Re: [sop] Fwd: SOP and SDN Question

Thomas Nadeau <> Fri, 24 February 2012 15:31 UTC

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From: Thomas Nadeau <>
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Date: Fri, 24 Feb 2012 10:31:45 -0500
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To: Michael Hammer <>
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Subject: Re: [sop] Fwd: SOP and SDN Question
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On Feb 24, 2012, at 10:28 AM, Michael Hammer wrote:

> Tom,
> You seem to suggest that Open Flow can be expanded to include services besides networking.

	I think you misunderstood what I wrote. Software Defined Networks (i.e.: OpenFlow) is targeted at working 
at the hardware abstraction level only. Software *Driven* Networks is targeted at services and network elements. 
There is a clear difference.


> But, the key question is this:  
> Does OF clearly separate out the service-dependent information from the service-independent methods 
> such that it can easily be extensible to any service?
> Mike
> On Fri, Feb 24, 2012 at 10:12 AM, Thomas Nadeau <> wrote:
> On Feb 24, 2012, at 10:02 AM, Michael Hammer wrote:
>> Resending.
>> ---------- Forwarded message ----------
>> From: Michael Hammer <>
>> Date: Thu, Feb 23, 2012 at 11:57 AM
>> Subject: SOP and SDN Question
>> To:
>> All,
>> I saw some questions asking what is the difference between SOP and SDN/OF.  
>> So, I did a quick review of the SDN BOF presentations.
>> Here is some food for thought:
>> 1) The SDN Problem Statement is more narrowly focused on network and doesn't address 
>> other important cloud elements of compute and storage, nor the additional layers that make 
>> up PaaS and SaaS.  So, I am thinking that difference is really in the scope of perspective.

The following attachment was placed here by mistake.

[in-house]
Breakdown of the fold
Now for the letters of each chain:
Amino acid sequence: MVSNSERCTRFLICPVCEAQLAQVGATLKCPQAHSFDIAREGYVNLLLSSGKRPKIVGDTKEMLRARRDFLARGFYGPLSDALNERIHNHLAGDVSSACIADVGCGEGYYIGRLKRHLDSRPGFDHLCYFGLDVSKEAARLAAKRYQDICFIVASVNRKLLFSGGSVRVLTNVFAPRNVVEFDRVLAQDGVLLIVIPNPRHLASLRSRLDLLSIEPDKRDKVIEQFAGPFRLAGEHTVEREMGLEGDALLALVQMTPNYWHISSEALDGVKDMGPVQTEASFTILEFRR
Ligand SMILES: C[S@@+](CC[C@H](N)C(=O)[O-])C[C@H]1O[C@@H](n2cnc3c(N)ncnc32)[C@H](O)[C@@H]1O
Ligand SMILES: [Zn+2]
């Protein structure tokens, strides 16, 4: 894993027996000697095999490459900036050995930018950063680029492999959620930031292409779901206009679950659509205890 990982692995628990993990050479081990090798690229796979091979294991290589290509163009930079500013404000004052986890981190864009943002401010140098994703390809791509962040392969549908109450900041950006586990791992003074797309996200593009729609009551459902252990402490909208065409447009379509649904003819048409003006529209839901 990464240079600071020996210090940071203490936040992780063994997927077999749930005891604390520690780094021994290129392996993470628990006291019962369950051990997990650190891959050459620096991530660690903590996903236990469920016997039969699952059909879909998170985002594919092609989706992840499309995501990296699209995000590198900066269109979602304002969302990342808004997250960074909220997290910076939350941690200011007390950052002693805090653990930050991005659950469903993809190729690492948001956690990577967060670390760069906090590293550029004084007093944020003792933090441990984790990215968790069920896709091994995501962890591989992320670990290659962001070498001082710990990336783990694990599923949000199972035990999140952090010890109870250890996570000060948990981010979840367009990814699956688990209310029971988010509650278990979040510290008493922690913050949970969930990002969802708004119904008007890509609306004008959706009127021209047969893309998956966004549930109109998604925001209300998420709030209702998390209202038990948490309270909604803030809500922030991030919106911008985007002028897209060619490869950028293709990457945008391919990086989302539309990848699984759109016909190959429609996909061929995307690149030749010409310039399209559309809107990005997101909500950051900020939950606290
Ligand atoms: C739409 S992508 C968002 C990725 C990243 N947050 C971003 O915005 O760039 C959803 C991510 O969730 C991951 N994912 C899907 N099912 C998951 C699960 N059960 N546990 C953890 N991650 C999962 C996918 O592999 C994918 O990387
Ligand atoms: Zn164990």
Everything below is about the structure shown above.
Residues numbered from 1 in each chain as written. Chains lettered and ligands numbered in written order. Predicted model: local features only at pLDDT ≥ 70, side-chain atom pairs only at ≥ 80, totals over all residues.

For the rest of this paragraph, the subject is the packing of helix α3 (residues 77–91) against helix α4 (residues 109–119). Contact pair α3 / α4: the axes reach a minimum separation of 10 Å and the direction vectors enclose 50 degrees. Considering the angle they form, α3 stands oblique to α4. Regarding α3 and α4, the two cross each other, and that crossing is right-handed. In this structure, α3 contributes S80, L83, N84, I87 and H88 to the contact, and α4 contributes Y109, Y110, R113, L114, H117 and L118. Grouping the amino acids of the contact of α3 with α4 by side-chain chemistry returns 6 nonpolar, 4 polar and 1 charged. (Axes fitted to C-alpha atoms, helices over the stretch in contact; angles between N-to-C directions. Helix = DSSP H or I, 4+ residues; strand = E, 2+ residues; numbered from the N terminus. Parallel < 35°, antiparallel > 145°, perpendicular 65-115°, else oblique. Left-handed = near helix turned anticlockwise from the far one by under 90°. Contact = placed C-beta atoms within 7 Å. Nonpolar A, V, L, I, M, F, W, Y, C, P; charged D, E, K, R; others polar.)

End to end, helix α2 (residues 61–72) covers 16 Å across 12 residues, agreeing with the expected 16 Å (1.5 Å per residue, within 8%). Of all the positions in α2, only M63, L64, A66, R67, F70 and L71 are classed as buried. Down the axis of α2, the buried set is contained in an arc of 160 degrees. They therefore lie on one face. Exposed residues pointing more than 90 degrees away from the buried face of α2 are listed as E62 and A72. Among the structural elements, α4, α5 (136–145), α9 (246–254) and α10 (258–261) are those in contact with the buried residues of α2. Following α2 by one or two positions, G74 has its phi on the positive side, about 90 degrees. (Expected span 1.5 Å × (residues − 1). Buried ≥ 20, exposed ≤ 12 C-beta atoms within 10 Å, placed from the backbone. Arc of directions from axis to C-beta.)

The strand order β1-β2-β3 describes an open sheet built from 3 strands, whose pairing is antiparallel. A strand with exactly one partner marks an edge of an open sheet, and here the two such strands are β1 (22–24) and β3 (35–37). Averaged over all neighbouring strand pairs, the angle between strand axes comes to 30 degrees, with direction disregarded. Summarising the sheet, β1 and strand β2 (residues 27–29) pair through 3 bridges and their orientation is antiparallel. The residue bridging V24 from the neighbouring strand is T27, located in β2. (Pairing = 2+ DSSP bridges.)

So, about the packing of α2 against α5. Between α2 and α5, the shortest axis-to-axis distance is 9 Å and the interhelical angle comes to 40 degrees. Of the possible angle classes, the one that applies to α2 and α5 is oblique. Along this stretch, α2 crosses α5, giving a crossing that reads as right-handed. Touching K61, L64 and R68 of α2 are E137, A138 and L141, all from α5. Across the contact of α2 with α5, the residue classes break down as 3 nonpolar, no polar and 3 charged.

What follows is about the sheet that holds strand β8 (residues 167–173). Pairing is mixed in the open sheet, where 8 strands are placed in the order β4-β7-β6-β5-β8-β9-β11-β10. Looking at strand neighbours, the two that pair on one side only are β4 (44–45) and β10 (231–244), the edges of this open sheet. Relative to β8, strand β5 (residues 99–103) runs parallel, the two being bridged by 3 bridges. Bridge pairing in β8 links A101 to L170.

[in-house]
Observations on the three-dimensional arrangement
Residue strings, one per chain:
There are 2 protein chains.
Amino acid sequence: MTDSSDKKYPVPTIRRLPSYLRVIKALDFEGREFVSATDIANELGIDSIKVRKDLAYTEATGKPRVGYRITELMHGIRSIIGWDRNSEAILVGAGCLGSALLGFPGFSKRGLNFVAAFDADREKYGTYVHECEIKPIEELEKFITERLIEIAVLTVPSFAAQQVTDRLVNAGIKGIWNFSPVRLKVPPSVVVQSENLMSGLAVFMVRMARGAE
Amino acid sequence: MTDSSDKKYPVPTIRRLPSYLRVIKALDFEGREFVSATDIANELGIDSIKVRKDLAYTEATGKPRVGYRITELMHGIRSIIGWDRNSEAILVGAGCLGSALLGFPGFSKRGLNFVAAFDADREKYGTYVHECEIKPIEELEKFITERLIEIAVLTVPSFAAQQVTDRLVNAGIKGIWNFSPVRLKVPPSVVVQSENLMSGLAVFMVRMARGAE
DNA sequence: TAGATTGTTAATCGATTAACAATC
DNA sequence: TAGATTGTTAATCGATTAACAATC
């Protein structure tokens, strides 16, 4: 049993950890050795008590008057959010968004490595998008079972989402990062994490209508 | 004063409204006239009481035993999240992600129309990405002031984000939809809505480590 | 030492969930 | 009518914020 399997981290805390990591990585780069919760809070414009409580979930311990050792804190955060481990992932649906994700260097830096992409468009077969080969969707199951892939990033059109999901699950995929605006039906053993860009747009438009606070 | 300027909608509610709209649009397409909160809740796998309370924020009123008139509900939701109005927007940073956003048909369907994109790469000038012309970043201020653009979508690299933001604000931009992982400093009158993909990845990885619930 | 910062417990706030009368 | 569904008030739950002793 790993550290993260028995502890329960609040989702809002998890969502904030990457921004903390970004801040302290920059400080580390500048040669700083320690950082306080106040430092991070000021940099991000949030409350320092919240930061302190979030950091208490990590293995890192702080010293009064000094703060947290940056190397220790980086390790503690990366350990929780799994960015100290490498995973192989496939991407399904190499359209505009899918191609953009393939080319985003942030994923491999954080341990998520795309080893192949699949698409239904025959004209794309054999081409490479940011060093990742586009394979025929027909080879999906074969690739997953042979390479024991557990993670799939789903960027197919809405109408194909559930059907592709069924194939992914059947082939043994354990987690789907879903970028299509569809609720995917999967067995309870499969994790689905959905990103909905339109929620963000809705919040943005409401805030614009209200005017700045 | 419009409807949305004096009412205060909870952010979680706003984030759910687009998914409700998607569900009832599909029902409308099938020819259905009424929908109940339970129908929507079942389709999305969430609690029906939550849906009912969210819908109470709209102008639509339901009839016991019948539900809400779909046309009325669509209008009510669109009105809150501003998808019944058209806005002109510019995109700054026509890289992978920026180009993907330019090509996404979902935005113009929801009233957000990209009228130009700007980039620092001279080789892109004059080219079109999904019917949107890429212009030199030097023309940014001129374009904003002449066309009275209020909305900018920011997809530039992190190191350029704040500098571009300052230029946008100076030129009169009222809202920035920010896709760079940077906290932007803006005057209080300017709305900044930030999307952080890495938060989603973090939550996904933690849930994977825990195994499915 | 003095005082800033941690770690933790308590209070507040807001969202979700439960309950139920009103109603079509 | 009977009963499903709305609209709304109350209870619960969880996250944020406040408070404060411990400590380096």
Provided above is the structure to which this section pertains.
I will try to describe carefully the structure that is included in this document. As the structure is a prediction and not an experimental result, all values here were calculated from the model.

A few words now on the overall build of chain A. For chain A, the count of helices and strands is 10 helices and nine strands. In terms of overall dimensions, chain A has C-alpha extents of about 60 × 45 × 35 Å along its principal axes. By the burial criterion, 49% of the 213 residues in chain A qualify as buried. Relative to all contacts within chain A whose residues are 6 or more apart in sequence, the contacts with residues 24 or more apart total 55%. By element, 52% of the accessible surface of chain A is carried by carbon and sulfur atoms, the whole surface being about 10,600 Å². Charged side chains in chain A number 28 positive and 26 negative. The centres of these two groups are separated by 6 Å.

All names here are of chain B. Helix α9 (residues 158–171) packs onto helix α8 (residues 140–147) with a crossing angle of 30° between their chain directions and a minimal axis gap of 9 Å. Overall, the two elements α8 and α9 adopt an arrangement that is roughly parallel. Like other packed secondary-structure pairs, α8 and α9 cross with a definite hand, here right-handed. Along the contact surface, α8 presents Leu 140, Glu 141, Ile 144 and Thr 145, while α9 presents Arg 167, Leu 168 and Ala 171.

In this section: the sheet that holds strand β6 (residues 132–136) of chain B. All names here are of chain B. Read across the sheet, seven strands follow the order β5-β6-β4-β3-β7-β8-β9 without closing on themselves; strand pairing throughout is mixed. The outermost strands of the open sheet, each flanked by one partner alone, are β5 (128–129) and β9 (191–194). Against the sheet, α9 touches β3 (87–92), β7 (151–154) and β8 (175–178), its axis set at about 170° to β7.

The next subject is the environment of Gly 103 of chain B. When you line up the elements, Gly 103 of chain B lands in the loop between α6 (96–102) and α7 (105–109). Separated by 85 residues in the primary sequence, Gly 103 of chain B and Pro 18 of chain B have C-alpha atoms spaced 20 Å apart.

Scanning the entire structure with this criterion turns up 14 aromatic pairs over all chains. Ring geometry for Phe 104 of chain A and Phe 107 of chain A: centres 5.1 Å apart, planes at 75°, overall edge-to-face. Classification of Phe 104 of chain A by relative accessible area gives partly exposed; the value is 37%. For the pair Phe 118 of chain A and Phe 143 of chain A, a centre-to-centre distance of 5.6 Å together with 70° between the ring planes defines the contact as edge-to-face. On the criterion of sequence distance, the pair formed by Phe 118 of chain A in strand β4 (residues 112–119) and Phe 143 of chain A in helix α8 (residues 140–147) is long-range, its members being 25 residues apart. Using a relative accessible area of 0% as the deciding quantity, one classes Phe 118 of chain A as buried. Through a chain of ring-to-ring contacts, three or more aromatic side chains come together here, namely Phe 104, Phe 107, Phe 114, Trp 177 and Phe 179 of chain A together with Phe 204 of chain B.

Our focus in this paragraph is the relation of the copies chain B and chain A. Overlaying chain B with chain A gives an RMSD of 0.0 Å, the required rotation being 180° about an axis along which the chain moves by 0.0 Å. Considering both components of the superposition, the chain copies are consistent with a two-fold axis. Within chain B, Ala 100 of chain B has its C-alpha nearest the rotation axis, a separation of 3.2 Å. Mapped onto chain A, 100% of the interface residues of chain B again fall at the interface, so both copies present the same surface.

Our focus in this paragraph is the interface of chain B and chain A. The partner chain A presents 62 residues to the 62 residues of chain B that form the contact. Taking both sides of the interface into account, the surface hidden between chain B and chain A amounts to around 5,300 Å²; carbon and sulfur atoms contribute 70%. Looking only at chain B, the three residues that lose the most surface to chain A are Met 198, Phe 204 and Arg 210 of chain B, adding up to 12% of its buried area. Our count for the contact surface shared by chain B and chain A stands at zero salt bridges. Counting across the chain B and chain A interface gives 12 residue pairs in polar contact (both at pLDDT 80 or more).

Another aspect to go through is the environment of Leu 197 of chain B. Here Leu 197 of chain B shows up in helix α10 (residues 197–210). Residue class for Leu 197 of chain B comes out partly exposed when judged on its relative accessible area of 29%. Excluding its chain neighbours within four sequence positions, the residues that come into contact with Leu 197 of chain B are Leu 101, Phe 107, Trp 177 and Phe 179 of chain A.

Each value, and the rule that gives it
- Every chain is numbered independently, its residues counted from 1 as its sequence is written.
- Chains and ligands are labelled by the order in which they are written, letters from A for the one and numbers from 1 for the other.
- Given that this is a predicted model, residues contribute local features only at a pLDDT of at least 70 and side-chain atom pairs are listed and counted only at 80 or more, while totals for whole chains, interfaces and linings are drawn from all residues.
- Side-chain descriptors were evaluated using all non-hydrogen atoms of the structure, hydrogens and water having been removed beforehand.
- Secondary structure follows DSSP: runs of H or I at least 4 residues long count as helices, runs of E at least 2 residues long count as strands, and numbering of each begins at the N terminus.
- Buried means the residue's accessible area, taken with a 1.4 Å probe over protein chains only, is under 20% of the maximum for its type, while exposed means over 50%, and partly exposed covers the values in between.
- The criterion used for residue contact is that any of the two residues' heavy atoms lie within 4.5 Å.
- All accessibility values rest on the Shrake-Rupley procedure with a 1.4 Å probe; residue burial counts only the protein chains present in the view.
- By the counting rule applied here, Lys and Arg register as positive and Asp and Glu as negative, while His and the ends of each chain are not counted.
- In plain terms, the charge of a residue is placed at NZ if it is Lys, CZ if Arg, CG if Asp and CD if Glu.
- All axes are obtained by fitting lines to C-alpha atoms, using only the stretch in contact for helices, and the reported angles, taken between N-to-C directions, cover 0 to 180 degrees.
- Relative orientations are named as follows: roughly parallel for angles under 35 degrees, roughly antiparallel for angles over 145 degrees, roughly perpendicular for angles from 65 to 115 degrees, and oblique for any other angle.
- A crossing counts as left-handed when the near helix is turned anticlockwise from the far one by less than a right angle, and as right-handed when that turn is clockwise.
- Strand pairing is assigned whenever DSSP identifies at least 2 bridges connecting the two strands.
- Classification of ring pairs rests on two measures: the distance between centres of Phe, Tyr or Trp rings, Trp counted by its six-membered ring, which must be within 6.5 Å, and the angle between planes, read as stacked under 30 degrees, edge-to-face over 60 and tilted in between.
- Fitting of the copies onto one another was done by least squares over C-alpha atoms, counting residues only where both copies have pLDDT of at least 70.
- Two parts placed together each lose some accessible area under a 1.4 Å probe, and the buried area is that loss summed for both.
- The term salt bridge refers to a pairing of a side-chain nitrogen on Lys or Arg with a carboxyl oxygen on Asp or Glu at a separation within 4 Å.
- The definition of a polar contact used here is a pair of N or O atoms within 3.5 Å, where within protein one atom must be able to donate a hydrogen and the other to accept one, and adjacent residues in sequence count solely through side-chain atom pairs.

>> SOP is about how to specify what cloud consumer needs the cloud to do, while SDN is in 
>> the weeds on how to do the network portion.  What does SDN do for compute and storage?
>> Nothing.  SOP provides a means to reference and stitch together those disparate pieces.
> 	I guess my question is (and I think Ping asked this too) is how/why does SOP differ
> from OpenStack, or where does it fit into that model. You can imagine using OpenStack to do 
> just what you are describing.  Basically at a high level, you are specifying service management -
> which handles most of the XaaS cases I think.
>> One presentation shows a lack of coordination by hypervisor with the underlying network, 
>> but then just moves the "solution" to the network layer, without showing how coordination
>> between the IT and C (network) is sync'd.  Now imagine if those IT resources are split 
>> across multiple clouds/DCs.  Isolation of network from the IT side could lead to disconnect 
>> amongst unified ITC service components.  We believe SOP enables a coordinated solution.
> 	Fair point, but again why and how does this differ from what OpenStack gives you today?
>> 2)  Some quotes from the BOF presentations:
>>     "OpenFlow does not configure, boot, or maintain a box".
>>     "Enabling programmatic automation of configuration, management, 
>>      monitoring, data mining, ... is largely orthogonal to OF/SDN"  
>> Well, SOP is there to boot, configure, and maintain the various layers of those boxes.
>> It is about replacing slow-time-scale management etc. with on-demand signaling and control.
>> Cloud is about provisioning on-demand, in other words configuring and booting resources 
>> in the Cloud/DC.  So, something missing here.  I get the feeling that OpenFlow is more like 
>> assembly-language level execution of a macro-command.  With SOP we are focused on the